The recreational use of MDMA became popular at around the same time, particularly in nightclubs, eventually catching the attention of the Drug Enforcement Administration. After several hearings, a US Federal Administrative Law Judge recommended that MDMA should be made a Schedule III controlled substance so that it could be used in the medical field. Despite this, the director of the DEA overruled this recommendation and classified MDMA as a Schedule I controlled substance.
In the United Kingdom, the 1971 Misuse of Drugs Act, which had already been altered in 1977 to include all ring-substituted amphetamines like MDMA, was further amended in 1985 to refer specifically to Ecstasy, placing it in the Class A category.
MDMA, or 3,4-methylenedioxy-N-methylamphetamine, is a synthetic molecule of the substituted amphetamine class. Molecules of the amphetamine class all contain a phenethylamine core comprised of a phenyl ring bound to an amino (NH2) group through an ethyl chain, with an additional methyl substitution at Rα. In addition to this, MDMA contains a methyl substitution on RN, a feature it shares with methamphetamine. Critically, the MDMA molecule also contains substitutions at R3 and R4 of the phenyl ring with oxygen groups -- these oxygen groups are incorporated into a methylenedioxy ring through a methylene bridge. MDMA shares this methylenedioxy ring with other entactogens and stimulants like MDA, MDEA and MDAI.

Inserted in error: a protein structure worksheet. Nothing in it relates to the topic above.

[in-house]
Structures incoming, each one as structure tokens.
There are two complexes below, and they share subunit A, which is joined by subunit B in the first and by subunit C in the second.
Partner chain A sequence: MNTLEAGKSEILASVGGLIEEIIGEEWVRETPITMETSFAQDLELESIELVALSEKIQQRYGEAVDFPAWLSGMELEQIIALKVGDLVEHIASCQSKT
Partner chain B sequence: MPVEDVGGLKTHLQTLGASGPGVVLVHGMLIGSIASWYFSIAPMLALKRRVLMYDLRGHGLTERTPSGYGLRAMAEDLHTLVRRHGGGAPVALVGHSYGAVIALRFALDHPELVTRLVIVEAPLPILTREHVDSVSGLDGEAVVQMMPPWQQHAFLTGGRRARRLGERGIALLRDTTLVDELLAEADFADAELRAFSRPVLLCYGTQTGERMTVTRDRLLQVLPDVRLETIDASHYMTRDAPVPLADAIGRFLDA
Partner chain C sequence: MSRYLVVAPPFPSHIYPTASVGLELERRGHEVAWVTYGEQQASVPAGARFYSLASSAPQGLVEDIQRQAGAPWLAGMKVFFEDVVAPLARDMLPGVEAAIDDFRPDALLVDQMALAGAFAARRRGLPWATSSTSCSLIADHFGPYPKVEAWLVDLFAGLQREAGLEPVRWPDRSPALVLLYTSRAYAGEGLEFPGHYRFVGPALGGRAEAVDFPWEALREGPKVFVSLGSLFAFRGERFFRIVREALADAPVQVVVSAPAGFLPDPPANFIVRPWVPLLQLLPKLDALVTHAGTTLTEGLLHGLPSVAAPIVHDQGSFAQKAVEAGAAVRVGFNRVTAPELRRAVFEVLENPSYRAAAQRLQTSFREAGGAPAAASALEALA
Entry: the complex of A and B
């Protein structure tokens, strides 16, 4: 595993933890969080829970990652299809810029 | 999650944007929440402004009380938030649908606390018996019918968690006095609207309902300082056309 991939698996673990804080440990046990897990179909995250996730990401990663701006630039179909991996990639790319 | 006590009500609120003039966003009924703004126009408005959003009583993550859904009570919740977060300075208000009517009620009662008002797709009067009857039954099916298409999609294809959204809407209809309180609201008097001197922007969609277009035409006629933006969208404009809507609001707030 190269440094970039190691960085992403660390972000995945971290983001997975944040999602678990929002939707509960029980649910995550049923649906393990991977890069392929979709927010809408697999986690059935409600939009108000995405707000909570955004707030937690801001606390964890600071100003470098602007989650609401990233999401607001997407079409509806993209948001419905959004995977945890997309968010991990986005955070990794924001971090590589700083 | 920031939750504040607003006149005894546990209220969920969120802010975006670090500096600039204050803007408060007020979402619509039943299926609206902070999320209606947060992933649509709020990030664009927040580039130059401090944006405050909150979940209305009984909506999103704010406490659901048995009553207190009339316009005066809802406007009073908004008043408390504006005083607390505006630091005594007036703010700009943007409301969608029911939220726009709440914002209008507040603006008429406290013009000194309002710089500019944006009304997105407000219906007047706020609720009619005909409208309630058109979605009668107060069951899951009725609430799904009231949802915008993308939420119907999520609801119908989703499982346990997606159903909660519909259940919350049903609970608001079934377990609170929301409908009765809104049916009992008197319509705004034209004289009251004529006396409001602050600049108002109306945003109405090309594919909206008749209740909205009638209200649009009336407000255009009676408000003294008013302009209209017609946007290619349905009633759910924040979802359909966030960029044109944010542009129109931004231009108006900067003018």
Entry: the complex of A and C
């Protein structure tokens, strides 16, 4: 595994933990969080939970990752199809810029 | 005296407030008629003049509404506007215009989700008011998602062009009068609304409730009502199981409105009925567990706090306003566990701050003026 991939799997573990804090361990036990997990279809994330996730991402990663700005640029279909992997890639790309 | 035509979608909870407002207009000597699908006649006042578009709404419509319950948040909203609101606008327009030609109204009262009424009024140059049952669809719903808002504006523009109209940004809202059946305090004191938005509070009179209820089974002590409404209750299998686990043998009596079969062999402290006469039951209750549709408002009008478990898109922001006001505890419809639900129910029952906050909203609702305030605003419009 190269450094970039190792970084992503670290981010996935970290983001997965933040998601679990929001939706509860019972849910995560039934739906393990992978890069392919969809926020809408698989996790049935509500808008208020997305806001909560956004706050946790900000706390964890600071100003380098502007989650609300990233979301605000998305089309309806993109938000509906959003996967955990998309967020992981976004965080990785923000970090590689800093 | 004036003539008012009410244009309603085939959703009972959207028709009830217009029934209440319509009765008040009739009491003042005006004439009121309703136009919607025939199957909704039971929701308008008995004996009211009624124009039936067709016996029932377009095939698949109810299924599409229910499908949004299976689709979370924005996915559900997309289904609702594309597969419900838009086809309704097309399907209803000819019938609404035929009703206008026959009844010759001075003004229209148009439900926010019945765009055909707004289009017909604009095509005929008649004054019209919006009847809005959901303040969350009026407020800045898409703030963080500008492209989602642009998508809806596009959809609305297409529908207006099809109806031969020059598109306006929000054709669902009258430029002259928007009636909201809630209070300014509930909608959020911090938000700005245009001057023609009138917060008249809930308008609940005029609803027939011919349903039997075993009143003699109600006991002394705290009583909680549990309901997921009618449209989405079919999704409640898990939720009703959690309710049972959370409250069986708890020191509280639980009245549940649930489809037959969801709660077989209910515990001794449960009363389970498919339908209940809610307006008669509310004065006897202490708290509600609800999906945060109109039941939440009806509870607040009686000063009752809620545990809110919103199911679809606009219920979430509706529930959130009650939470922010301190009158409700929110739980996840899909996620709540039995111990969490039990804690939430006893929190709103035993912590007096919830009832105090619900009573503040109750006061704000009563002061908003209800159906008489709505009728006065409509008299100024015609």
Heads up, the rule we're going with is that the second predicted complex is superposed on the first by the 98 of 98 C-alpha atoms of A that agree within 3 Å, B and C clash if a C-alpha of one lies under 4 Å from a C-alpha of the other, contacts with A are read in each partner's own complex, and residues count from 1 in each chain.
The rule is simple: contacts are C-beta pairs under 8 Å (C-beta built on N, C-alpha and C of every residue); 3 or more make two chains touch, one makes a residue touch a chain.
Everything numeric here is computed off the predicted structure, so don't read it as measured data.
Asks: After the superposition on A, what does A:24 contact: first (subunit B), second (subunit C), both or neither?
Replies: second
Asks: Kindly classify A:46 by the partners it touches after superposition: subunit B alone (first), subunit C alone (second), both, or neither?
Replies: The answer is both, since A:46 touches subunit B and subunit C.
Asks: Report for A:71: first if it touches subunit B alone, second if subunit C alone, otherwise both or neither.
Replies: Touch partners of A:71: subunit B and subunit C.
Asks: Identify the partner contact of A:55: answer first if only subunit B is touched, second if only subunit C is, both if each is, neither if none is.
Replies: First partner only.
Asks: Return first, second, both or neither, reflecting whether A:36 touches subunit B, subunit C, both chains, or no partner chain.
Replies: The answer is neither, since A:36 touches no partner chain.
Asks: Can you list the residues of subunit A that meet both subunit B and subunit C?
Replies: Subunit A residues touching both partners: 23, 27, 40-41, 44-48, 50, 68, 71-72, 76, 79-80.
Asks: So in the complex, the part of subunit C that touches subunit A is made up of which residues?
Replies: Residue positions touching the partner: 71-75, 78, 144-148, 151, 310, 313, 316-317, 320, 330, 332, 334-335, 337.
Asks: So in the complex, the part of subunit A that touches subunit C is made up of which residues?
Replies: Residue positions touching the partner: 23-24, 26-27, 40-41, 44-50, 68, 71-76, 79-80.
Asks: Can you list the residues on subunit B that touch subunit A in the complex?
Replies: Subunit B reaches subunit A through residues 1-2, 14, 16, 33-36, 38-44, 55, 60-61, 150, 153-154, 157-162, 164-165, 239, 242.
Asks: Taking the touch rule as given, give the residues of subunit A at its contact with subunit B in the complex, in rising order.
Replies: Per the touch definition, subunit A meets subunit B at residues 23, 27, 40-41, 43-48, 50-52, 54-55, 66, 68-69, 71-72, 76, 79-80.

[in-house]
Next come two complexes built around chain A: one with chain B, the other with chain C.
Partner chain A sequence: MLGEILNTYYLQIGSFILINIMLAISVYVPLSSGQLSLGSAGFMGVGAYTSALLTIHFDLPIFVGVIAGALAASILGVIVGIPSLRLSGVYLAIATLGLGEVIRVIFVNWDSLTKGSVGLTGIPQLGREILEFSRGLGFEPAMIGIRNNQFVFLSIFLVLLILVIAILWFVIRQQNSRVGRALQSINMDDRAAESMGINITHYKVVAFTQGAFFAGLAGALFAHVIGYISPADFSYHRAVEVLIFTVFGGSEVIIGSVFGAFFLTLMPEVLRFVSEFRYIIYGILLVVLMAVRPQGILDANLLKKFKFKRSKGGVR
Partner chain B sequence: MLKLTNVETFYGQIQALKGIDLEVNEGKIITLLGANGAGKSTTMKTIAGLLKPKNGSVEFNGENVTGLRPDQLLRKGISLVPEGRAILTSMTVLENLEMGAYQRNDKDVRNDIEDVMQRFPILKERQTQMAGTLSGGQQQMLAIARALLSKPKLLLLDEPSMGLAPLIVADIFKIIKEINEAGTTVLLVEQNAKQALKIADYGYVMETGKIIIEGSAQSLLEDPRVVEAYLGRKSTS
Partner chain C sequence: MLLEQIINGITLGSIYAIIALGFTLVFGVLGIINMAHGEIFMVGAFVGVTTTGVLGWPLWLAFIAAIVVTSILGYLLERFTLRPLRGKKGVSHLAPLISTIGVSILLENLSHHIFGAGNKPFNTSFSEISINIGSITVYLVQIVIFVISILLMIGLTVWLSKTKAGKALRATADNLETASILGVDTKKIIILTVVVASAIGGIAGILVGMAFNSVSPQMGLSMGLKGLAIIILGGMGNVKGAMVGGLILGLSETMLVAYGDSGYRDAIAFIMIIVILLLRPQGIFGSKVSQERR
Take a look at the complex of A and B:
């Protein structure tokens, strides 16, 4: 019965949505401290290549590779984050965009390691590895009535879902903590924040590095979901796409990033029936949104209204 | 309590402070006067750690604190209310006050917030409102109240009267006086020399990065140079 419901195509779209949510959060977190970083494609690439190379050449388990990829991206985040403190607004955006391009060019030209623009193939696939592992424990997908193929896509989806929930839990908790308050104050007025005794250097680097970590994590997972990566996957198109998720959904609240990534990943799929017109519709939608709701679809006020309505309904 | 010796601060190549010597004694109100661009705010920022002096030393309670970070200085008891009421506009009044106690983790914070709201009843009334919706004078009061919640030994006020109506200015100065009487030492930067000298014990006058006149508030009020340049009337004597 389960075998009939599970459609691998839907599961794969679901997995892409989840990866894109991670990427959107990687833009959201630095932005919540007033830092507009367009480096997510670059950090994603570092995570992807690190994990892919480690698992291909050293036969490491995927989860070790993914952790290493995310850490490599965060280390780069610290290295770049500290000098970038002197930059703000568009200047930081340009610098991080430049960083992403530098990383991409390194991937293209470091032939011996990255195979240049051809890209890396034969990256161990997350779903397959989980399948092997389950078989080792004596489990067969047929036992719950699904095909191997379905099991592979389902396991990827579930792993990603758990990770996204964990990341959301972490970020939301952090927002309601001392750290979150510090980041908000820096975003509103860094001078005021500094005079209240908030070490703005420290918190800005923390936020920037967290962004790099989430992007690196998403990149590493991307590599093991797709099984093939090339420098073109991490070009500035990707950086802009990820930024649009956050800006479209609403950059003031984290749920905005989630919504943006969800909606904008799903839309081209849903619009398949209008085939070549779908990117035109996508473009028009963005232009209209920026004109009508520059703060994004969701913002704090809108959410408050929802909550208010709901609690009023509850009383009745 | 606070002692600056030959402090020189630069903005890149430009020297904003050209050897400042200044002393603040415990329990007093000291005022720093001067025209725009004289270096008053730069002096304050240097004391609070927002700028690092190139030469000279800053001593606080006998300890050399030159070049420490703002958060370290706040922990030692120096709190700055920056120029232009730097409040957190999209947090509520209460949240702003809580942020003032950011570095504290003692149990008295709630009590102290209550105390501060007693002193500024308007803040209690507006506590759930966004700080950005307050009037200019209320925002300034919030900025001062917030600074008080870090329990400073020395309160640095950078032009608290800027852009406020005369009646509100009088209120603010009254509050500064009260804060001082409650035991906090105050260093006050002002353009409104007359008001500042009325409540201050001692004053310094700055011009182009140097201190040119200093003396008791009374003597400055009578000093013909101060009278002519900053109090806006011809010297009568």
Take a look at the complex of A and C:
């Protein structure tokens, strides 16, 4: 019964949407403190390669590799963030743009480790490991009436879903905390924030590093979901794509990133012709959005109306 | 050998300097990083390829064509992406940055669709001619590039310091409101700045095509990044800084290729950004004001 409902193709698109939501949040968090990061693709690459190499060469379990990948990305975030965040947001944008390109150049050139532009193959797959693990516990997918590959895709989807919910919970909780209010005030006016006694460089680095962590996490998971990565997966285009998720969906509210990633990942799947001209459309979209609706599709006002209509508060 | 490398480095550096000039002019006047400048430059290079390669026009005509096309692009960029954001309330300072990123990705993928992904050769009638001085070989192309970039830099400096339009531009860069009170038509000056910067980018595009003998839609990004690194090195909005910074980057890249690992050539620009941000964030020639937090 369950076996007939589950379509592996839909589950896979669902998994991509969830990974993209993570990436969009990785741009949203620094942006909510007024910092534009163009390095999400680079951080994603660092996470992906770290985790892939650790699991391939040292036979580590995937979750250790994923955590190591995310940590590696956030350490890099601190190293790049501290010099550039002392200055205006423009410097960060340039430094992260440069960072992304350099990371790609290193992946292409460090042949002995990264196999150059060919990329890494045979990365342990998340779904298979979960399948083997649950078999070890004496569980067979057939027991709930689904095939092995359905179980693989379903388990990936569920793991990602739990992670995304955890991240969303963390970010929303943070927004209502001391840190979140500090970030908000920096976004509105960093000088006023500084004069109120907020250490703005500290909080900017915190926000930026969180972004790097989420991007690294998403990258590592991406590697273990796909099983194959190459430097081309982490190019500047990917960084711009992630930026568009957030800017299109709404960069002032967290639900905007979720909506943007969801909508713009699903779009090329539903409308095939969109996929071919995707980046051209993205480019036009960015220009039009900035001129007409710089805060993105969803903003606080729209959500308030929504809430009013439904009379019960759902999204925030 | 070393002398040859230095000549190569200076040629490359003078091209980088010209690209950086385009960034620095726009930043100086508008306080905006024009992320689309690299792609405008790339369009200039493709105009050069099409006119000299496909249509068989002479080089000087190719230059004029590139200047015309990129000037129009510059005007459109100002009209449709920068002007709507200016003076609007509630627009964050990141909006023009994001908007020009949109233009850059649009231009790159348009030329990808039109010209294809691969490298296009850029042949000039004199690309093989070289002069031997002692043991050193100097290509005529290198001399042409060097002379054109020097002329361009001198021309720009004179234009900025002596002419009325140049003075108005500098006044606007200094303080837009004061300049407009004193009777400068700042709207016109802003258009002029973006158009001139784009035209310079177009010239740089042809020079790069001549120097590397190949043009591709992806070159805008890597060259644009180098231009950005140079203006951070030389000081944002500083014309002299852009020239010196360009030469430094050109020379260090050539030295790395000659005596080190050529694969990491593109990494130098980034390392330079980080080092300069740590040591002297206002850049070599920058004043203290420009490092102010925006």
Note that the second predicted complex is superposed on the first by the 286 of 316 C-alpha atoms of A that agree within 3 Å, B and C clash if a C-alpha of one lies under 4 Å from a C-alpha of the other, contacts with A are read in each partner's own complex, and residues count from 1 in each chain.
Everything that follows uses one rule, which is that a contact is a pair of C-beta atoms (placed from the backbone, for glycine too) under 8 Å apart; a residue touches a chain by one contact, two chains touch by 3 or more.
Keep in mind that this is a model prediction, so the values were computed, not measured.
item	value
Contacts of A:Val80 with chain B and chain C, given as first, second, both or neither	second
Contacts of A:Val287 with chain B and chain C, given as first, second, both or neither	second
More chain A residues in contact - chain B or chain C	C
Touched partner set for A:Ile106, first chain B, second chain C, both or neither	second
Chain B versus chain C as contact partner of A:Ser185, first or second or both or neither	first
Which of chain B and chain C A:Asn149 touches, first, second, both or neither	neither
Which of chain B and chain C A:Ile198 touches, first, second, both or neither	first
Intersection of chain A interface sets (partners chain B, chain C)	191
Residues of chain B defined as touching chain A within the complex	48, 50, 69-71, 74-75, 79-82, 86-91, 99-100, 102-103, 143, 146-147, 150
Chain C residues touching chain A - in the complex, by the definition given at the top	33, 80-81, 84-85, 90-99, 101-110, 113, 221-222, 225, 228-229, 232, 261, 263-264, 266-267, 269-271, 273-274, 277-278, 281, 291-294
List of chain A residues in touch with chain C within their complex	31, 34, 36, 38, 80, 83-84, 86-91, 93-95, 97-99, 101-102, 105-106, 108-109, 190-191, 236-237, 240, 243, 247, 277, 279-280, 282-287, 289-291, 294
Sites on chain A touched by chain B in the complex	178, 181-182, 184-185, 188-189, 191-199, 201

MDMA acts primarily as a releasing agent of the three principal monoamine neurotransmitters serotonin, norepinephrine, and dopamine through its action at trace amine-associated receptor 1 (TAAR1) and vesicular monoamine transporter 2 (VMAT2). MDMA is a monoamine transporter substrate (i.e. a substrate for the transporters for dopamine (DAT), norepinephrine (NET), and serotonin (SERT)), enabling it to enter monoaminergic neurons via these neuronal membrane transport proteins. By acting as a monoamine transporter substrate, MDMA produces competitive reuptake inhibition at the neuronal membrane transporters, competing for endogenous monoamines for reuptake.